As the Japanese fleet heads undetected toward Pearl Harbor in December 1941, Honolulu police detective Joe McGrady is assigned to a homicide case that will take him across the Pacific and change his life forever.
Some of my favorite crime novels juxtapose individual murders against the backdrop of wartime mass carnage. This is tough to pull off; it takes a skilled writer to keep the horror of such crimes vivid and stark when they’re surrounded by so much other death. In Five Decembers, James Kestrel, a pseudonym for the horror and suspense novelist Jonathan Moore, does this very, very well ... War, imprisonment, torture, romance, foreign language and culture are all explored with genuine feeling. The novel has an almost operatic symmetry, and Kestrel turns a beautiful phrase, too.
I don’t think I’ve ever read a book that was so page-turning yet also filled with so much beautiful pathos. I had to stop reading on occasion and take breaks just to pull myself together emotionally before being able to plunge back into James Kestrel’s affecting narrative. Perhaps it is a failure of my own imagination, but I certainly never thought that a story this moving would come in the form of a noir novel set in and around World War II, as a Honolulu police detective named Joe McGrady doggedly pursues a murderer back and forth across the Pacific Ocean ... McGrady is a terrific protagonist, smart but willing to keep learning, tough but capable of letting experience guide him to becoming a better person. The losses he experiences are heart-rending, but no less so are the genuine hurts of the people he encounters as he closes in on a cold-blooded killer. The raw emotion of the book only serves to make the noir mystery at its core that much more compelling, as it deftly uses the reader’s expectations to devastating effect. Written in spare prose that conveys beauty and brutality in equal, eloquent measure, Five Decembers is an extraordinary novel of wartime crime and justice and loves lost and refound.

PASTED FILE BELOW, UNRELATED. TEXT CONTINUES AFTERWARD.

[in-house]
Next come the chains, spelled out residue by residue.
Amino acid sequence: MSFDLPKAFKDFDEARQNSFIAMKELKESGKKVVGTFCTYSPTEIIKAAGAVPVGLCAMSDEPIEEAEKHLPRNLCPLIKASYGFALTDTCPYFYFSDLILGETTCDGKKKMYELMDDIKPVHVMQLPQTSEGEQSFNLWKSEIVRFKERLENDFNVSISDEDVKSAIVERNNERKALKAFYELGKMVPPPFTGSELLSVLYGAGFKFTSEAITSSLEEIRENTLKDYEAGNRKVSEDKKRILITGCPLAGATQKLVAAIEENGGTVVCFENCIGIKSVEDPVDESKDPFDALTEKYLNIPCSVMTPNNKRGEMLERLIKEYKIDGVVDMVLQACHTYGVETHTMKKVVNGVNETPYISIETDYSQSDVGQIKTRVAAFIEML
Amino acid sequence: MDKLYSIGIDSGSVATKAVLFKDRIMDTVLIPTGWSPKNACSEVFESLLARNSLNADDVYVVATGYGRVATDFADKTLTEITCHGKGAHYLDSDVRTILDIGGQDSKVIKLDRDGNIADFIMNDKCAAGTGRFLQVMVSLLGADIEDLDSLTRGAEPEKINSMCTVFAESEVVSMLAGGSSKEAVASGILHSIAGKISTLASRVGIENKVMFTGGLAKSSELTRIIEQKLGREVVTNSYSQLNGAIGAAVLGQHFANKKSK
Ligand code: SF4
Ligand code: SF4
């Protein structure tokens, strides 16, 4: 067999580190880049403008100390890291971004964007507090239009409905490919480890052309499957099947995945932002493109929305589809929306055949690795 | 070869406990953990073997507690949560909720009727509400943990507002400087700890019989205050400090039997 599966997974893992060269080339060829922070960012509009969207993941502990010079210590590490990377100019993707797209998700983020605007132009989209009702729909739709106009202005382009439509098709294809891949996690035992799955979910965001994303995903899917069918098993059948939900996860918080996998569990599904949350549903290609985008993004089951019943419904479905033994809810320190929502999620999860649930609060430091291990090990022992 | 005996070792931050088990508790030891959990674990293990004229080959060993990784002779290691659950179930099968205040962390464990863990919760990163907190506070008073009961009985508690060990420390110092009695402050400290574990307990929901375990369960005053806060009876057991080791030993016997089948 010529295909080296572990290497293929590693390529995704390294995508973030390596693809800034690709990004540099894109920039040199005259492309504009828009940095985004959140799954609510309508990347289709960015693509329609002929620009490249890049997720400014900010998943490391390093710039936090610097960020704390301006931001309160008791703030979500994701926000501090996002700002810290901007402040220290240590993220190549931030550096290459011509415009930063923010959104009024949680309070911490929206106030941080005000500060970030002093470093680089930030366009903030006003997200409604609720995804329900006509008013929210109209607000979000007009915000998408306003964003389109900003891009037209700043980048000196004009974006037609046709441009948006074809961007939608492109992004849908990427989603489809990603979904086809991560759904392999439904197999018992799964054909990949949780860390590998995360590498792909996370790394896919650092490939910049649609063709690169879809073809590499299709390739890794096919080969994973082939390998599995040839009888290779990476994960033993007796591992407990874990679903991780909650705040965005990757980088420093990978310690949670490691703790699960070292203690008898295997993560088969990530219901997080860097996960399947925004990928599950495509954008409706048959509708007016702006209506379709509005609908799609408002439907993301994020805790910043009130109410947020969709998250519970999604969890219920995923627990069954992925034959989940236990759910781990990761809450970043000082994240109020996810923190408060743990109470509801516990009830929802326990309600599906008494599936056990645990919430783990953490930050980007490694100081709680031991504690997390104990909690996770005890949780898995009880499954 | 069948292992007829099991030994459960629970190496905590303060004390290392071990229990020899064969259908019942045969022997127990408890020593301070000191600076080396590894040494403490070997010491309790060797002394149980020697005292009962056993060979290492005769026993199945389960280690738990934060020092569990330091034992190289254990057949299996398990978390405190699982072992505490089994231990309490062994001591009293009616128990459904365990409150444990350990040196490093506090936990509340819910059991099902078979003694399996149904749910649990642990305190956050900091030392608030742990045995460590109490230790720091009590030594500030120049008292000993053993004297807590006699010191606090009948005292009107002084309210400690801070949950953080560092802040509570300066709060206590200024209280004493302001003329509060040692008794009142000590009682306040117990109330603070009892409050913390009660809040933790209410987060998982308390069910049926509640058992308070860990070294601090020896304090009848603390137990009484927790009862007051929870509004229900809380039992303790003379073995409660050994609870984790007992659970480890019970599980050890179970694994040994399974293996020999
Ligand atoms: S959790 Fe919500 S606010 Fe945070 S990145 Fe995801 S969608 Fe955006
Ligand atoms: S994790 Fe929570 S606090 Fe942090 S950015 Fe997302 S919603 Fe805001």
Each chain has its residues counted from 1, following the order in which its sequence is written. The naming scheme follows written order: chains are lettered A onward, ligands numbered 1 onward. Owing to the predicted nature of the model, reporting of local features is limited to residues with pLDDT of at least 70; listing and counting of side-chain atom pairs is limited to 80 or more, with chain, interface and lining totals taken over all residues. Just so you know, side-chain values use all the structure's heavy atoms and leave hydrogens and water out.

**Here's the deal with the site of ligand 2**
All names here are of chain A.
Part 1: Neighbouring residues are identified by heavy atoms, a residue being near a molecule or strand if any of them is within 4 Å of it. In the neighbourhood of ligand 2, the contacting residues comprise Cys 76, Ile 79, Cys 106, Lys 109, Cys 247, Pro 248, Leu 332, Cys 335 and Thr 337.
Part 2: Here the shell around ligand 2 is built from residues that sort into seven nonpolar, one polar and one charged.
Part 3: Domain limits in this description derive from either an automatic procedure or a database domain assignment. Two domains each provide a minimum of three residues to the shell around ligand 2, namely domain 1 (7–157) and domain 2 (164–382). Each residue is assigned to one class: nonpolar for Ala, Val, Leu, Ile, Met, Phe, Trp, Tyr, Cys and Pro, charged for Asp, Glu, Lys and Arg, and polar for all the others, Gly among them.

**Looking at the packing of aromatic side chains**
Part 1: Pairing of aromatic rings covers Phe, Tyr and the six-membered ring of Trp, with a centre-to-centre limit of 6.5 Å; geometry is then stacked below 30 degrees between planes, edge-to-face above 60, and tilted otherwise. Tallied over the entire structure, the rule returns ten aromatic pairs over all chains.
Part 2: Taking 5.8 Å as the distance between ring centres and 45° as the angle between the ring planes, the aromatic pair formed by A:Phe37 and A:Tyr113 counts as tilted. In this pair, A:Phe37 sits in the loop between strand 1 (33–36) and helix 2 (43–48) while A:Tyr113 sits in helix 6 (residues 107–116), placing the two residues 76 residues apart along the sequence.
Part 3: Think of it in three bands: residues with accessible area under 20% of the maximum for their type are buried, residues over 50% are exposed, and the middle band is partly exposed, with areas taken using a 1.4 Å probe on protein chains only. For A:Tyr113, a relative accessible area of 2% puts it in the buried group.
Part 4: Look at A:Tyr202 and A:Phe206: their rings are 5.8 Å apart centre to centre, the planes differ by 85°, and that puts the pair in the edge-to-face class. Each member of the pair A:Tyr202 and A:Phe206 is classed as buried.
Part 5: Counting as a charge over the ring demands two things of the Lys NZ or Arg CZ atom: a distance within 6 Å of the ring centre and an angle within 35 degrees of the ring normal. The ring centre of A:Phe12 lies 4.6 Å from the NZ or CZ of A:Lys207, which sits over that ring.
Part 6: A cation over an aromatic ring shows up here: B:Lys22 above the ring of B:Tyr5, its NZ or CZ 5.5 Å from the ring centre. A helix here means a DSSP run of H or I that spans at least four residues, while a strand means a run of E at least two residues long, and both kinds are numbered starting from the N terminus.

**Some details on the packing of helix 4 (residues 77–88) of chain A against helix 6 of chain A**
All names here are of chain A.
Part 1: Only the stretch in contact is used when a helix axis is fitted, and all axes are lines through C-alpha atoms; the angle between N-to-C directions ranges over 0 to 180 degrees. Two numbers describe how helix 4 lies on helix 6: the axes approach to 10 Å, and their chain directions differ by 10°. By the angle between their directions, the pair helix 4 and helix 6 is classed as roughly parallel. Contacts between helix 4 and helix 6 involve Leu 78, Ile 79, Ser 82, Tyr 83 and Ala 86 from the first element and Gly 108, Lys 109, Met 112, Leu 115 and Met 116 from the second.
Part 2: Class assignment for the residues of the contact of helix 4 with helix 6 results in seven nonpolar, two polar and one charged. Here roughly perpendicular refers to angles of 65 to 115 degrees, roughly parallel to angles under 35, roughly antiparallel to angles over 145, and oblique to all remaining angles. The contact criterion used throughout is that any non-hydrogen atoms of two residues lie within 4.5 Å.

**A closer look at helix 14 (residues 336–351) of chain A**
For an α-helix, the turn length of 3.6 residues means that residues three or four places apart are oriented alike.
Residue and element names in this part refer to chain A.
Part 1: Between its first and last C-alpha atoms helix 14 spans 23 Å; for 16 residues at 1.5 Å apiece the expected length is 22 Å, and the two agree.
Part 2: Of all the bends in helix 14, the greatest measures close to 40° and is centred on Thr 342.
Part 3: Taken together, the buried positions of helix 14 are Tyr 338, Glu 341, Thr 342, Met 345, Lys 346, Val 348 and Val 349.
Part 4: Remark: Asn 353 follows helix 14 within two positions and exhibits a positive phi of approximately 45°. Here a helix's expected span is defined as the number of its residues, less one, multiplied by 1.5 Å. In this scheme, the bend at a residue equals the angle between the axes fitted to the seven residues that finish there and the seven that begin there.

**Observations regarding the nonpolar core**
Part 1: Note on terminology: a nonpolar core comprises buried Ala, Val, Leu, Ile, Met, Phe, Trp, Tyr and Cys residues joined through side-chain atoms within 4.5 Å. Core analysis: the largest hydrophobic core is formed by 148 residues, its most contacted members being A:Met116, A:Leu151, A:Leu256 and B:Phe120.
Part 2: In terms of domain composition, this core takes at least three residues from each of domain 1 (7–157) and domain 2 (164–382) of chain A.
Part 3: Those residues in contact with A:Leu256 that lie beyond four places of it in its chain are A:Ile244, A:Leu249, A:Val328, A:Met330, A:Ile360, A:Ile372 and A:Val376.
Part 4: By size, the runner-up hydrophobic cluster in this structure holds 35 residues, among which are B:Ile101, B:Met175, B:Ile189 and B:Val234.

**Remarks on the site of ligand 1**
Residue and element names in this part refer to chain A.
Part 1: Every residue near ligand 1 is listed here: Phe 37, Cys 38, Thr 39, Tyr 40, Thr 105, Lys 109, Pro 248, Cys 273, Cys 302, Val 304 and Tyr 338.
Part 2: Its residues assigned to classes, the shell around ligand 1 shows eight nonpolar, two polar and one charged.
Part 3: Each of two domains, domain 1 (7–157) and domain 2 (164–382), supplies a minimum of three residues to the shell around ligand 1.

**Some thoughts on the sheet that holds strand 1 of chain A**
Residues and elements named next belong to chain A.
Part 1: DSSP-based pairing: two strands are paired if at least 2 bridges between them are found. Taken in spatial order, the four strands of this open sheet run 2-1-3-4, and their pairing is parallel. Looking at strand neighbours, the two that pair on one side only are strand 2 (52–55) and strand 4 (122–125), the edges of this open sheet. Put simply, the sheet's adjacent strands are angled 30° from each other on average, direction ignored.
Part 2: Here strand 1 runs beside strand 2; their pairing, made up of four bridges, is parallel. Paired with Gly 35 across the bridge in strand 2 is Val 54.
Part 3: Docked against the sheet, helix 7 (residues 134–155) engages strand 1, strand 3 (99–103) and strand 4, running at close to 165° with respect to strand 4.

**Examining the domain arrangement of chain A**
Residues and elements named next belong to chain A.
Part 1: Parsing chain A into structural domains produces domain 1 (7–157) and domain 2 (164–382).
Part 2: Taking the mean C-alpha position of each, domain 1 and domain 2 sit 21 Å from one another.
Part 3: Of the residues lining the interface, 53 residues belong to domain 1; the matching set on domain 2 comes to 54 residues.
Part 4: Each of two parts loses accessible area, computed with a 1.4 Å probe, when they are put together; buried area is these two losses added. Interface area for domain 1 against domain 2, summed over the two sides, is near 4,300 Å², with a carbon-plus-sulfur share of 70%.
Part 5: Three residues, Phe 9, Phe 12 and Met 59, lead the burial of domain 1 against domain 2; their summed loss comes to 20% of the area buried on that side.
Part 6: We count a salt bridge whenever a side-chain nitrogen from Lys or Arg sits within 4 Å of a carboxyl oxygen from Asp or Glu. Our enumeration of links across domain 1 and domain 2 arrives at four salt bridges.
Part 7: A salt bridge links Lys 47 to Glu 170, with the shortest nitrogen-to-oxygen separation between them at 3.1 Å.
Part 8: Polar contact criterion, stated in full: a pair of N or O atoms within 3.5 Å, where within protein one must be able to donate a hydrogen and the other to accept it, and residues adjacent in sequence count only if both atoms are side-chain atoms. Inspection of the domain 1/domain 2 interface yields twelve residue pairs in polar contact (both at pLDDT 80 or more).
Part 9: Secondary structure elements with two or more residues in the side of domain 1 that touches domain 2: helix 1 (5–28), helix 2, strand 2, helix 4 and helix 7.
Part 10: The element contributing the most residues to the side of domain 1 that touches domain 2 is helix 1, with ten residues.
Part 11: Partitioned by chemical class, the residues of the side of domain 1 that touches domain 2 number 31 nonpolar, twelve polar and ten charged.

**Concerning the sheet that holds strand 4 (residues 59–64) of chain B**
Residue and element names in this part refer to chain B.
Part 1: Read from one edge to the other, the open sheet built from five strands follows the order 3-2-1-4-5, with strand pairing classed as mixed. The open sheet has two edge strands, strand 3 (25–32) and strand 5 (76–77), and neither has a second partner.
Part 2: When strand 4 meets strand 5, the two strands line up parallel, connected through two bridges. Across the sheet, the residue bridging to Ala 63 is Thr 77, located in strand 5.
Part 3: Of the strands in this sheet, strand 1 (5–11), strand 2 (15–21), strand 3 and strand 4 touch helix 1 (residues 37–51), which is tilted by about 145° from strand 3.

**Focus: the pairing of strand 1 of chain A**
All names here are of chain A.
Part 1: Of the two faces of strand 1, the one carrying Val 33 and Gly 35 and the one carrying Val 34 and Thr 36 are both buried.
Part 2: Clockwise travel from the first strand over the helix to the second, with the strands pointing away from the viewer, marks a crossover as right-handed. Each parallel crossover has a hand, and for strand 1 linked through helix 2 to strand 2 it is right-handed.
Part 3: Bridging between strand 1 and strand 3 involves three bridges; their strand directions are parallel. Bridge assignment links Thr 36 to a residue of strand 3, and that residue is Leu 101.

The immensity of the global conflict allows Kestrel steep escalation with his plot twists that are not present in more conventional murder mysteries. I was often left asking, 'Where could the plot possibly go from here?' Believe me, it gets bleak and twisted, and I can see why Hard Case Crime was excited to add this book to their noir collection ... he displays the skills of a seasoned writer in his direct and concise prose, maintaining clarity throughout fast-paced action scenes and complicated and quick-turning plot points. Though Kestrel’s novel takes a detour from the classic noir tropes, he is faithful to the narrative style ... There are significant challenges inherent in plunging your reader into the past and orienting them accurately to the environment. While relying on actual world events as a catalyst can make the story feel more real, those not familiar with the period may not fully appreciate the magnitude of the circumstances...Still, experiences on the Japanese side of the war, where much of the plot takes place, will be decidedly foreign to most. Kestrel seems to have anticipated this by including brief detours in time and point of view to add historical context about the offensive campaigns that loom over the plot. Not only are these vignettes effective in providing the appropriate sense of desperation and fear of firebomb raids and death, they also support the very noirish struggle the central characters suffer with questions of futility and fatalism. He also avoids the pitfall of othering the people on the Japanese side of the battle lines, by including noncombatants and critics of Emperor Hirohito’s campaign in order to show us a humanity that is not often seen on that side of the war ... It’s never easy to challenge the expectations of a beloved genre successfully, but Kestrel has done just that, growing an adventure story far beyond the expectations of a noir murder mystery. Kestrel certainly has a bright future as a crime writer, and I look forward to exploring more of his work and the Hard Case Crime catalog in the future.